[Intro Music] I love you, but I’m not your lawyer. This is for your educational purposes only and does not constitute legal advice. You should not act, or refrain from acting, on the basis of this content without first consulting a lawyer.
So you have this amazing name for your next product, your next service, your business, or maybe even a course, but you’re not quite ready to launch it out into the world. But you’re worried, “Well, what if somebody else comes in the meantime and takes that name?” Is there anything that you can do in order to protect that name until you’re ready to use it?
In this episode, I want to introduce you to a little unknown tip about how you can essentially reserve a trademark or a name that you want to use in connection with a certain good or certain service until you’re ready to use it.
Now, of you’ve caught some of my other episodes, you know a lot about trademarks. You know that in order to actually register a trademark with the US Patent and Trademark Office, one of the requirements is that that mark has to be currently in-use meaning that you have to be using it.
Let’s say you are using a mark in connection with apparel. You have to show proof or what they call “a specimen,” showing that you are using this mark in connection with apparel. But in the circumstances of this episode – what if you’re not ready to do it, is there anything you can do? Yes, there is.
One of the application types that you can file is called an ”Intent to Use” application. Basically, this is letting the Trademark Office know, “Hey Trademark Office. I have this mark. I’m not using it yet. But I intend to use it in the near future. Can you just please reserve my place in line?” I mean it’s not really saying that but in layman’s terms that’s essentially what you’re saying.
Now, an “Intent to Use” application is great if you are super, super attached to a name, you are ready to put money behind it, and you just want to buy yourself a little bit more time until you’re ready to launch that product or that service.
A few important things to note about “Intent to Use” applications. First of all, just because your “Intent to Use” application gets approved, that does not mean that you have an officially registered trademark. There are still few more steps you need to take in order to get that trademark officially registered. With an “Intent to Use” application, you can also get up to five 6-month extensions. Meaning let’s say you’re not ready to use it in the first year. You can request multiple extensions of time until you are. However there is a limit, so you can’t sit on that name forever. You have to use it within the prescribed period of time or else you are probably going to have to abandon that application. And finally, just because your ”Intent to Use” application gets approved, that does not mean that you have a registered trademark, because, as you already know, in order to get an officially registered trademark, we’re going to have to show the Trademark Office proof of its use, so there is subsequent applications and paperwork you’re going to need to file that show and demonstrate that, “Hey Trademark Office, I’m actually now using this mark in connection with these identified goods and services, so you can please just go ahead and go through the process and let’s get this trademark registered.”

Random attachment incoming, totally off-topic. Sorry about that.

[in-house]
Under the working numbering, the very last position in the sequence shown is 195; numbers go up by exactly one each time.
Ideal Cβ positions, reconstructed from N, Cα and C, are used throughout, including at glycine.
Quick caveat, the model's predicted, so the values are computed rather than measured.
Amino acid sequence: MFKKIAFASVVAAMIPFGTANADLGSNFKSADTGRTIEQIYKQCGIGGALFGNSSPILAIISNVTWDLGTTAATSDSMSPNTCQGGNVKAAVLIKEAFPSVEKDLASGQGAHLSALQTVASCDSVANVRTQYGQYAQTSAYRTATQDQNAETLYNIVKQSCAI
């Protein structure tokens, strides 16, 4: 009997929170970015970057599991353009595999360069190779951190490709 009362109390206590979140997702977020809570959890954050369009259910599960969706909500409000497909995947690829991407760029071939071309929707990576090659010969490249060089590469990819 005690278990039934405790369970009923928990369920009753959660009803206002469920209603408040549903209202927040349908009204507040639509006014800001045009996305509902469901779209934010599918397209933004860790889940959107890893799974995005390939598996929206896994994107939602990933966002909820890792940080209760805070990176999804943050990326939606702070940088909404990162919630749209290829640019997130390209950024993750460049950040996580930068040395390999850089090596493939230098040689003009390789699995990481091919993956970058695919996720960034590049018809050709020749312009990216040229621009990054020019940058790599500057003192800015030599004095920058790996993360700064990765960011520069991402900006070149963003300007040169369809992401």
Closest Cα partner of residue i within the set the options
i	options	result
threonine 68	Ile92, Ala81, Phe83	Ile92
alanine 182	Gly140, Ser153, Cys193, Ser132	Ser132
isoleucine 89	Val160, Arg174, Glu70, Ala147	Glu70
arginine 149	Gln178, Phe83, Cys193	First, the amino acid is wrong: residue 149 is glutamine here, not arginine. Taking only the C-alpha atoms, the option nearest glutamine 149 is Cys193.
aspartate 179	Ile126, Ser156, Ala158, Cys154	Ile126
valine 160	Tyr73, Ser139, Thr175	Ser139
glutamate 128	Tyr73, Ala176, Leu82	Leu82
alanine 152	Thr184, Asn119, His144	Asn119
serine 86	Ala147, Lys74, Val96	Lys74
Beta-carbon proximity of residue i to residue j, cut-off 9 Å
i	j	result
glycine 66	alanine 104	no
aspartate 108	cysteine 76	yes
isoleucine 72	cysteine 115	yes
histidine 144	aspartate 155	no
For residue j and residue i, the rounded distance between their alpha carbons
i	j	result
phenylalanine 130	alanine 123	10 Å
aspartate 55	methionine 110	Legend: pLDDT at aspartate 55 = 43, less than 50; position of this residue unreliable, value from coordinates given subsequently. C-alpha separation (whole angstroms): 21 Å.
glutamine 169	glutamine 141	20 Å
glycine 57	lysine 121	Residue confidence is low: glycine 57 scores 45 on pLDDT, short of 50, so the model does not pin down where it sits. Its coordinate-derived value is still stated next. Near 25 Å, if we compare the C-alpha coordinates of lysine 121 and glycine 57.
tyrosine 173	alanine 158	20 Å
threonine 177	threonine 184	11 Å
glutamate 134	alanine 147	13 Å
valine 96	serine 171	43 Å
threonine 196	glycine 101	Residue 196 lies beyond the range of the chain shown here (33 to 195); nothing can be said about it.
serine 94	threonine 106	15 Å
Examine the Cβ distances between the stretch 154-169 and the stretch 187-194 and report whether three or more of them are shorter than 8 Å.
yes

So why would you want to get an “Intent to Use” application? Well, as I said before, if you’re really attached to a name, it’s a real contender, and you don’t want to risk potentially losing it to somebody else, then you might consider using this cool little tool that we have in order to reserve it. I like to think of it as – let’s say you’re waiting in line to get first dibs on tickets to your favorite concert, and the doors haven’t opened yet, but they’re going to open any minute now and so you realize, “Holy moly, I left my wallet in the car!” So you ask your friend to hold your spot in line while you run to the car and grab your wallet, and you can come back and hopefully in time for those doors to open for you to get first dibs on those concert tickets.
Another really concrete example: let’s say on January 1st, you go ahead and you file an “Intent to Use” application for the term “spasmatic” for apparel. Then, on March 1st, somebody else comes along and files an “In Use” application for “spasmatic” in connection with apparel, and let’s say your application goes through, it gets approved, and you request all the necessary extensions of time, and let’s say you don’t actually launch your product and your clothing line until December 1st of that year. And when you do, you then go ahead and file the necessary paperwork with the Trademark Office, showing to them that ”Hey, I am actually using this mark now in connection with apparel.” Well, because you filed an ”Intent to Use” on January 1st, it goes ahead and that, like I said, it holds your space in line, so you have first dibs to using the term “spasmatic” in connection with apparel.
But let’s say the example was reversed. If let’s say, you know, it’s another company comes on March 1st and files an application, and then you file your “Intent to Use” application on April 1st. Well, chances are your application is going to get denied because of the similarity of names, the similarity of products, and the likelihood of confusion that it’s going to create.
So it can be a very powerful tool to use if you have a certain name that is going to be very important to you and your business. Now to learn more about trademarks and other legal nuggets that you’re going to need for your business, head on over to the website, where I have tons of great resources waiting for you.